August 29, 2013
After the global meltdown of 2008, while the United States was distracted by economic recovery and disengaging its troops from Iraq and Afghanistan, a new war quietly began. Many Americans have yet to realize the world-changing implications of the conflict between the United States and China that is the focus of Harvard Law Professor Noah Feldman's new book, "Cool War: The Future of Global Competition" (Random House).
After years of thinking about and writing on Islam and democracy, the last decade's pivotal conflict, Feldman has turned his focus on the tense pas de deux entwining China "with its still inchoate and forming system of government" and the United States "with its strong conceptions of democracy and the rule of law and human rights." He uses the term "Cool War" to invoke an "unprecedented historical situation" in which the world's fastest-growing power and the established dominant power "have at the exact same time a dynamic of cooperation and interdependence in the economic sphere, and a dynamic of conflict and diverging interests in the geopolitical sphere."
In 2012, China-U.S. trade exceeded $425 billion in goods. Exports to the United States account for nearly 25 percent of Chinese trade, while the Chinese government owns 8 percent of America's outstanding debt and invests billions in U.S. companies. In addition, Feldman notes, more than 150,000 Chinese nonimmigrant citizens now reside and study in the United States, with perhaps half that many Americans living in China, and there is frequent contact between government officials on both sides as well—a depth of exchange unimaginable in the Iron Curtain era.
Therein lies the "paradox" of the Cool War, says Feldman: While the United States and China race to claim allies and resources to weaken each other, simultaneously, they are cooperating in trade and in international affairs in ways that make them each stronger.
But as competition between the two powers intensifies, this balance could tip and turn the Cool War hot. Feldman cites some potential "flash points": the Korean peninsula, where China's ally North Korea threatens U.S.-backed South Korea, and Taiwan, where Sino-U.S. ties are strained by China's push for unification. "A longer-term risk is that a rising China will eclipse U.S. interests and security arrangements in Asia, bringing not only Taiwan but also South Korea and Japan within its sphere of influence and control, fundamentally changing the global balance of power," Feldman says.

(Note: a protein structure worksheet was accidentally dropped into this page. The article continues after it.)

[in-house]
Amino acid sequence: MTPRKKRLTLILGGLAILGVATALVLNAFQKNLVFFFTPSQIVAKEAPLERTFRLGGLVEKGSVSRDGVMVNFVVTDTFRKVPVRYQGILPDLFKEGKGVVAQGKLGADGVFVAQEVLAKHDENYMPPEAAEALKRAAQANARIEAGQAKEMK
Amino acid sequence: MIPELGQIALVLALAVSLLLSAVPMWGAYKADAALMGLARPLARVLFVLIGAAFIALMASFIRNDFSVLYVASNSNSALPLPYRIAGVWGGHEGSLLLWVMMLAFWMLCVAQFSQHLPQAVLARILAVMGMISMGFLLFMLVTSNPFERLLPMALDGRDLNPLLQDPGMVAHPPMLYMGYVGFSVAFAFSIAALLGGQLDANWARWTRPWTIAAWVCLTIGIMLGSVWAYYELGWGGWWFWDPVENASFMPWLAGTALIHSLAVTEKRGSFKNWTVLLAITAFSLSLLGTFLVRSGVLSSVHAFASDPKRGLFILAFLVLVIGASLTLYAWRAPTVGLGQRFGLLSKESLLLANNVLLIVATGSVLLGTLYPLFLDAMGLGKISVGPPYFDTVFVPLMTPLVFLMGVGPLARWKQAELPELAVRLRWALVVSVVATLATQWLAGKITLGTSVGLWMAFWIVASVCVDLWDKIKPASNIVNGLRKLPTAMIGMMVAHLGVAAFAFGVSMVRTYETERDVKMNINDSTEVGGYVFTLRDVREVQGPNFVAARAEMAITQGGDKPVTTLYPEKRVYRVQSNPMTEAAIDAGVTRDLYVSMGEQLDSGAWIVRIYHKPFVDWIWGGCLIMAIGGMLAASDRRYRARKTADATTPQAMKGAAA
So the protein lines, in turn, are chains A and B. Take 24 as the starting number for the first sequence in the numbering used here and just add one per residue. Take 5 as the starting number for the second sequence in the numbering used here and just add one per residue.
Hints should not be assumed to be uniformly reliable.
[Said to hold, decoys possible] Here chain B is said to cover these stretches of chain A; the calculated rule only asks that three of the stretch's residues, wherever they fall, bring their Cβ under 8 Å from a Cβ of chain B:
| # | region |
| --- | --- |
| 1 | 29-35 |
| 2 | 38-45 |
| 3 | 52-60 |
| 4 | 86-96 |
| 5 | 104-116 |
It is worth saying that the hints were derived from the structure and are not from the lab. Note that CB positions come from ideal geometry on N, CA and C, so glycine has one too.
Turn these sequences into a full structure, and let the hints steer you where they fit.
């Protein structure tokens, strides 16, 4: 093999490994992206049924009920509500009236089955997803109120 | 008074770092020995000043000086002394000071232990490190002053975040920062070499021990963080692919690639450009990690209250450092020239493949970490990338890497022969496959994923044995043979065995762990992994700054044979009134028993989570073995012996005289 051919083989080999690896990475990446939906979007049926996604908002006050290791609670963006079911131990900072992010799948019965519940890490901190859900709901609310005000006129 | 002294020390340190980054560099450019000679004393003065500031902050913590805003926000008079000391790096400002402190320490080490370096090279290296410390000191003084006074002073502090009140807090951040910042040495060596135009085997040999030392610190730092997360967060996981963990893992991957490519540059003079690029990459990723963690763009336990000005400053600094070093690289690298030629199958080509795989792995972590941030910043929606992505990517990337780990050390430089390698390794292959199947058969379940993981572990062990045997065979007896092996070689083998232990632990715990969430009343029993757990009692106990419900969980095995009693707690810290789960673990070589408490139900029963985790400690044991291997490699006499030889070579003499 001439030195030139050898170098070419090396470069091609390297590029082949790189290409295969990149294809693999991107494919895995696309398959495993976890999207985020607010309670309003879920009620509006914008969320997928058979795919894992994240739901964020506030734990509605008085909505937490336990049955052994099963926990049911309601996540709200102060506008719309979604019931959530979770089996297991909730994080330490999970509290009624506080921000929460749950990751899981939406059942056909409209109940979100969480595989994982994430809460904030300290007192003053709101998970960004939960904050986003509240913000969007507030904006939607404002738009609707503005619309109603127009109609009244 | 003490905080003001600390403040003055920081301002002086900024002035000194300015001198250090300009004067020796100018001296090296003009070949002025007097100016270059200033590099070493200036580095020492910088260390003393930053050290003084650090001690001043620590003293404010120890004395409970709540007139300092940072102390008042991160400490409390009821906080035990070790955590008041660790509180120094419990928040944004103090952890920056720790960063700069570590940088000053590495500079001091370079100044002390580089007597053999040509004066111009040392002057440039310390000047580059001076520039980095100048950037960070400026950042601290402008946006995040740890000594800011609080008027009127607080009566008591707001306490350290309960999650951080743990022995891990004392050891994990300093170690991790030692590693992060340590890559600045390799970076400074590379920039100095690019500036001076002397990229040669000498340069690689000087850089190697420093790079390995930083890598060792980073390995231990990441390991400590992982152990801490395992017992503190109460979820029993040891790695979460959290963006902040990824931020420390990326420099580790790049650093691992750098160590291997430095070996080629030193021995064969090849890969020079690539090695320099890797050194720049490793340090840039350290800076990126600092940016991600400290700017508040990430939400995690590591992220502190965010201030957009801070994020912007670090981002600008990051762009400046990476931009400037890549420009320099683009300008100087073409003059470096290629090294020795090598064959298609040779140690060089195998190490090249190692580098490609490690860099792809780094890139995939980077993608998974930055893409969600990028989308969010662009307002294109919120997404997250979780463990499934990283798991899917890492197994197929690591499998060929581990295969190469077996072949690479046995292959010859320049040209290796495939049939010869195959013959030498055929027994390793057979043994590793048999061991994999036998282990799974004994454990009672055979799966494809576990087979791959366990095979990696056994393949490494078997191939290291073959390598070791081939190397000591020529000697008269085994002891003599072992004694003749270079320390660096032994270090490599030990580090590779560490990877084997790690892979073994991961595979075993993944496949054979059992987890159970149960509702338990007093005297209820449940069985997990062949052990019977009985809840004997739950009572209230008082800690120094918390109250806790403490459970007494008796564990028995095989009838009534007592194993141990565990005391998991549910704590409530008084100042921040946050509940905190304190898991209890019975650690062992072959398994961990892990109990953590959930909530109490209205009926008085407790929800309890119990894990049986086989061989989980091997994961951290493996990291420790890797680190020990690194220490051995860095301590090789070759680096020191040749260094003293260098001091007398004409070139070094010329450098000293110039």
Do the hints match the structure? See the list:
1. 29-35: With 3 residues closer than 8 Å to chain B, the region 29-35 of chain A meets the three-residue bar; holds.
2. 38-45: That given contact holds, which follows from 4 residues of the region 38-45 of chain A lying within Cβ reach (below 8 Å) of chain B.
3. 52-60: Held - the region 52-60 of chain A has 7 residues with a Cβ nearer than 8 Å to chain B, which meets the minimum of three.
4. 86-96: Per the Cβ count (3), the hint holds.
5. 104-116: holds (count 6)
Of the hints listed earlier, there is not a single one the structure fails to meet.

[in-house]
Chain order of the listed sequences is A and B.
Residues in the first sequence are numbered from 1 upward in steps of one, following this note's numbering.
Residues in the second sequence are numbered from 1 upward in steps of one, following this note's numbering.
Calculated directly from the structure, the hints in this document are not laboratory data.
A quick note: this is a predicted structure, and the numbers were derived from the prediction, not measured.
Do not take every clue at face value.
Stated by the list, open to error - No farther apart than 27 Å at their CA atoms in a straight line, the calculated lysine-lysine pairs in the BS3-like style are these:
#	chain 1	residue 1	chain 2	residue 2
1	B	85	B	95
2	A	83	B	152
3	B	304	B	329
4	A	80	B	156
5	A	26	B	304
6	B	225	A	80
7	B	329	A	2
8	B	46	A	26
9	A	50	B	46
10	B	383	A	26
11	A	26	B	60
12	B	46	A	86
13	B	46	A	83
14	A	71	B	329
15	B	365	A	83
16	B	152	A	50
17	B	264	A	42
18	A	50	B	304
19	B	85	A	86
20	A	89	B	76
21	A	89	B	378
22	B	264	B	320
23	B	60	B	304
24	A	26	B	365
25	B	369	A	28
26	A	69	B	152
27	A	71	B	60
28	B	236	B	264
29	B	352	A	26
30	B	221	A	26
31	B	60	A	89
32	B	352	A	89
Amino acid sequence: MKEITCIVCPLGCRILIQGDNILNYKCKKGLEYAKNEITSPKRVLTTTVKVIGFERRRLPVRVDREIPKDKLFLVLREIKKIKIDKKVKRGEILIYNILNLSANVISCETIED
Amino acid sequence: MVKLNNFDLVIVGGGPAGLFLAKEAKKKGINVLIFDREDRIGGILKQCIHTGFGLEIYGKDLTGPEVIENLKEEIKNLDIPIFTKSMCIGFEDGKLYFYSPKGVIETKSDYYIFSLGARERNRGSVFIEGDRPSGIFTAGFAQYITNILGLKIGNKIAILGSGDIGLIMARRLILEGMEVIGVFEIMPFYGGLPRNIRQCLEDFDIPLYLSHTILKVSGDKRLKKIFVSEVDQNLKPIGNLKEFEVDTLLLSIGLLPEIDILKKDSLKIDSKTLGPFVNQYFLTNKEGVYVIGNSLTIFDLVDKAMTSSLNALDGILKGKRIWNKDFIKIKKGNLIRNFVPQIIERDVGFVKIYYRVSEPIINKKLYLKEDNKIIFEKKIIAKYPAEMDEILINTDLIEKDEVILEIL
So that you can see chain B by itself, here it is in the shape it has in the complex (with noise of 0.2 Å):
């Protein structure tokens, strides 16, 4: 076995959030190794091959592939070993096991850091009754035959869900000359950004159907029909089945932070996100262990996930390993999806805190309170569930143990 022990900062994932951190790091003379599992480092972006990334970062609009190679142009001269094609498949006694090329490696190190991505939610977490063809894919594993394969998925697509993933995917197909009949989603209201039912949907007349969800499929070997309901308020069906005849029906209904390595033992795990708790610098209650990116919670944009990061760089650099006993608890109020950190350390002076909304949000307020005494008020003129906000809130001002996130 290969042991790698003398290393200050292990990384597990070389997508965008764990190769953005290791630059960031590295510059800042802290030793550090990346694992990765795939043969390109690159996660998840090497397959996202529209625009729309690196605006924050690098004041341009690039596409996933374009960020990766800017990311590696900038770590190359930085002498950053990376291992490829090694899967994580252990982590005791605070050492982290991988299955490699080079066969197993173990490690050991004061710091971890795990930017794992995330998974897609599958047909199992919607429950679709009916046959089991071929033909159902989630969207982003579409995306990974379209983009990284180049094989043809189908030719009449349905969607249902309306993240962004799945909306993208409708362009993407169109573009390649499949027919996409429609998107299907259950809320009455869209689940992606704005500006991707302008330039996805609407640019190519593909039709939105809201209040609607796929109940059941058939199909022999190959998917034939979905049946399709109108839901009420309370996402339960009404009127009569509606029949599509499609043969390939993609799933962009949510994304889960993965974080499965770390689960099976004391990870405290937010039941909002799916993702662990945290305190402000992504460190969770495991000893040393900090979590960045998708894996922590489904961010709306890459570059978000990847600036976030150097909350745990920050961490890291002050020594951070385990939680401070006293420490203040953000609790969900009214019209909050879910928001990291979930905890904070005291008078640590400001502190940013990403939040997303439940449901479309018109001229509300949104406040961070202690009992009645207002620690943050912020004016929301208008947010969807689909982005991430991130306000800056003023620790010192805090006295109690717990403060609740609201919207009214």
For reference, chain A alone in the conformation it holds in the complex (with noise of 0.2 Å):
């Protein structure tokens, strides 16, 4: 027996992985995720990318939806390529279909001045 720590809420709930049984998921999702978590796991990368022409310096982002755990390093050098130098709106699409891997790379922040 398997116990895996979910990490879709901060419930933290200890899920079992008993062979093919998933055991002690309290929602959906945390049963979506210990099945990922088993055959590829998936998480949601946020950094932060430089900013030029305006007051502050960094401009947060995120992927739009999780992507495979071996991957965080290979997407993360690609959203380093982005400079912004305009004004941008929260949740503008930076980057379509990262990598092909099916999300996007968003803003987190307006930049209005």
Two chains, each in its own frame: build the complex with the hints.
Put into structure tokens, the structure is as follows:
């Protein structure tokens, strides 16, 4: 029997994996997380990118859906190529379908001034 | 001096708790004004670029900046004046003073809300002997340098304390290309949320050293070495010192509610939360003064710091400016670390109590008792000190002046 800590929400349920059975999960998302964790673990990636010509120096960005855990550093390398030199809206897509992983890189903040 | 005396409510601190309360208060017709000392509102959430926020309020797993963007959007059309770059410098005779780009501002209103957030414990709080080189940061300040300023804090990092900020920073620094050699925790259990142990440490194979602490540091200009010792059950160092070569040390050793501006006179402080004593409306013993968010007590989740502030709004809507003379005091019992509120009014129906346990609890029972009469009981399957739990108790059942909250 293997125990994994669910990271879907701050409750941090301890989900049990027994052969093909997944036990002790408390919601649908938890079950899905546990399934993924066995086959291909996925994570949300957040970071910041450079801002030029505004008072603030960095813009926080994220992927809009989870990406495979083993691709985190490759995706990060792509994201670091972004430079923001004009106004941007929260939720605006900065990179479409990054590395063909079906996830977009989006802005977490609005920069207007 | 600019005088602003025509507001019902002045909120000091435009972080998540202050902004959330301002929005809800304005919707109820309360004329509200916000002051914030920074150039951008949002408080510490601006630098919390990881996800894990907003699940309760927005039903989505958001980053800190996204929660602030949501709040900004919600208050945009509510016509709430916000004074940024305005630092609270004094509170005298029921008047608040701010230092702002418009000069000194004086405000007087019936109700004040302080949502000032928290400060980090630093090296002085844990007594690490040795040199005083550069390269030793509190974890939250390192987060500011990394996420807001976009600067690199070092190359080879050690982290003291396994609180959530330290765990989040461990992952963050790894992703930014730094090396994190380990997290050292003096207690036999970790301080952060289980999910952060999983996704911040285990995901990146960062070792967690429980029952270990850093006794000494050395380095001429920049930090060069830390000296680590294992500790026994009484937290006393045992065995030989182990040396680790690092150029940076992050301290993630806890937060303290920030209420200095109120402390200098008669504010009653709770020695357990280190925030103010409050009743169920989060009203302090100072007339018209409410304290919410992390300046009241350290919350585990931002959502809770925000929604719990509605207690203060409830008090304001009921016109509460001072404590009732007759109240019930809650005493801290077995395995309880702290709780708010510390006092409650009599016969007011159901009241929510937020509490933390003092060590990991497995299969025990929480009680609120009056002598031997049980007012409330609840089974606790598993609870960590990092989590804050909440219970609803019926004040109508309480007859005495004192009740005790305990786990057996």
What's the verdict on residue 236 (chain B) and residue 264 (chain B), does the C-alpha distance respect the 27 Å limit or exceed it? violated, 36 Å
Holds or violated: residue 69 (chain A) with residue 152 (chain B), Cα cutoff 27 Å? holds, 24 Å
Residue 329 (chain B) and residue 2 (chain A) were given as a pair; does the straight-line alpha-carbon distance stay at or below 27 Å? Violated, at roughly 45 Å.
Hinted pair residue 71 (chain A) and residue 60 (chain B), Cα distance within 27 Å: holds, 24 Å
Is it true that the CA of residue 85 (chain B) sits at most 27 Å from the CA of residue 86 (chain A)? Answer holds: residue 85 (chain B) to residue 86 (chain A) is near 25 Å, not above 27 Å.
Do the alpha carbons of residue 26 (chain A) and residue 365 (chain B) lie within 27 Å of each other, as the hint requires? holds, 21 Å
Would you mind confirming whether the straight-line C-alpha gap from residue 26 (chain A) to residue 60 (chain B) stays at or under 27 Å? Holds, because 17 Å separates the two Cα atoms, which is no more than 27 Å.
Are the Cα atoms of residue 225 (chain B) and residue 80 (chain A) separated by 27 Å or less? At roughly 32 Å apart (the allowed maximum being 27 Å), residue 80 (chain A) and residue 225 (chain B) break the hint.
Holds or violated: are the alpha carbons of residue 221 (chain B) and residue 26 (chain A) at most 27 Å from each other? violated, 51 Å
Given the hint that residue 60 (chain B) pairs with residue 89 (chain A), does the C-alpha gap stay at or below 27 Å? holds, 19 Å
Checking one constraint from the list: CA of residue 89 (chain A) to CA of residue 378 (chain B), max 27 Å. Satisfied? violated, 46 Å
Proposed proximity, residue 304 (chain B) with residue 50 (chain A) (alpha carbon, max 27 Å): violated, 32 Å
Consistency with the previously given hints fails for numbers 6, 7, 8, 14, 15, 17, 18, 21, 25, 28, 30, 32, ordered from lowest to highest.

The Cold War was an ideological battle on both sides; each thought its worldview was unassailable. In contrast, "China's leadership is extremely pragmatic; they don't think that everybody has to adopt their way of doing things, and they don't mind if we do things our way," Feldman explains. In fact, this time, the ideology is on the U.S. side: "We reject the idea that a state can be just without the rule of law and democracy and human rights."
As a result, many misinterpret China's political system. The casual U.S. observer notes the fact that China is a one-party state and concludes it is a pure dictatorship, "but that is totally wrong," Feldman says. Dictatorships struggle and fall with power transfers, whereas the Chinese Communist Party has successfully turned over its leadership three times, in 1992, 2002 and 2012, with the reigning cohort of male leaders making way for a younger one each time.
China's "pragmatic experimentalism" is driving other significant changes, too. More leaders are selected for proven abilities, infusing the system with new talent. These meritocrats share power with the hereditary "princelings," relatives of the senior leaders, in what Feldman calls the Chinese Communist Party's "permeable elite."
The party has also realized value in tolerating limited free speech, especially on the Internet, typically following a public event or controversy. It soon shuts down these short bursts of opinion, and deploys its "Great Firewall" to censor, but even fleeting free speech enables the government to react to public sentiment and convey accountability.
The biggest threat to China's political stability is corruption. "The perception that the party is only in it for itself, that its members are ripping off the country, is a terribly threatening one," says Feldman. China's new leadership has made curbing corruption a priority and recently announced regulations to prohibit spending on official hospitality, including limiting the size of party-hosted public banquets notorious for their excess.
"A well-meaning person watching China naturally wants to see greater respect for human rights and freedom of speech, and wants to see a fairer system and less corruption," says Feldman. "But from a broader U.S. perspective, those improvements will make China stronger and the United States weaker."
The central lesson of the Cool War, according to Feldman, is that "economic interdependence can be leveraged to help manage real political conflict." How well the U.S. and China continue to cooperate while competing ferociously has profound implications for other nations, international institutions such as the U.N. Security Council and WTO, global corporations, human rights efforts, and much more. Says Feldman: "Those are the rules of the game in this Cool War, and they're very different and strange new rules."
This article was originally published in the Summer 2013 issue of the Harvard Law Bulletin.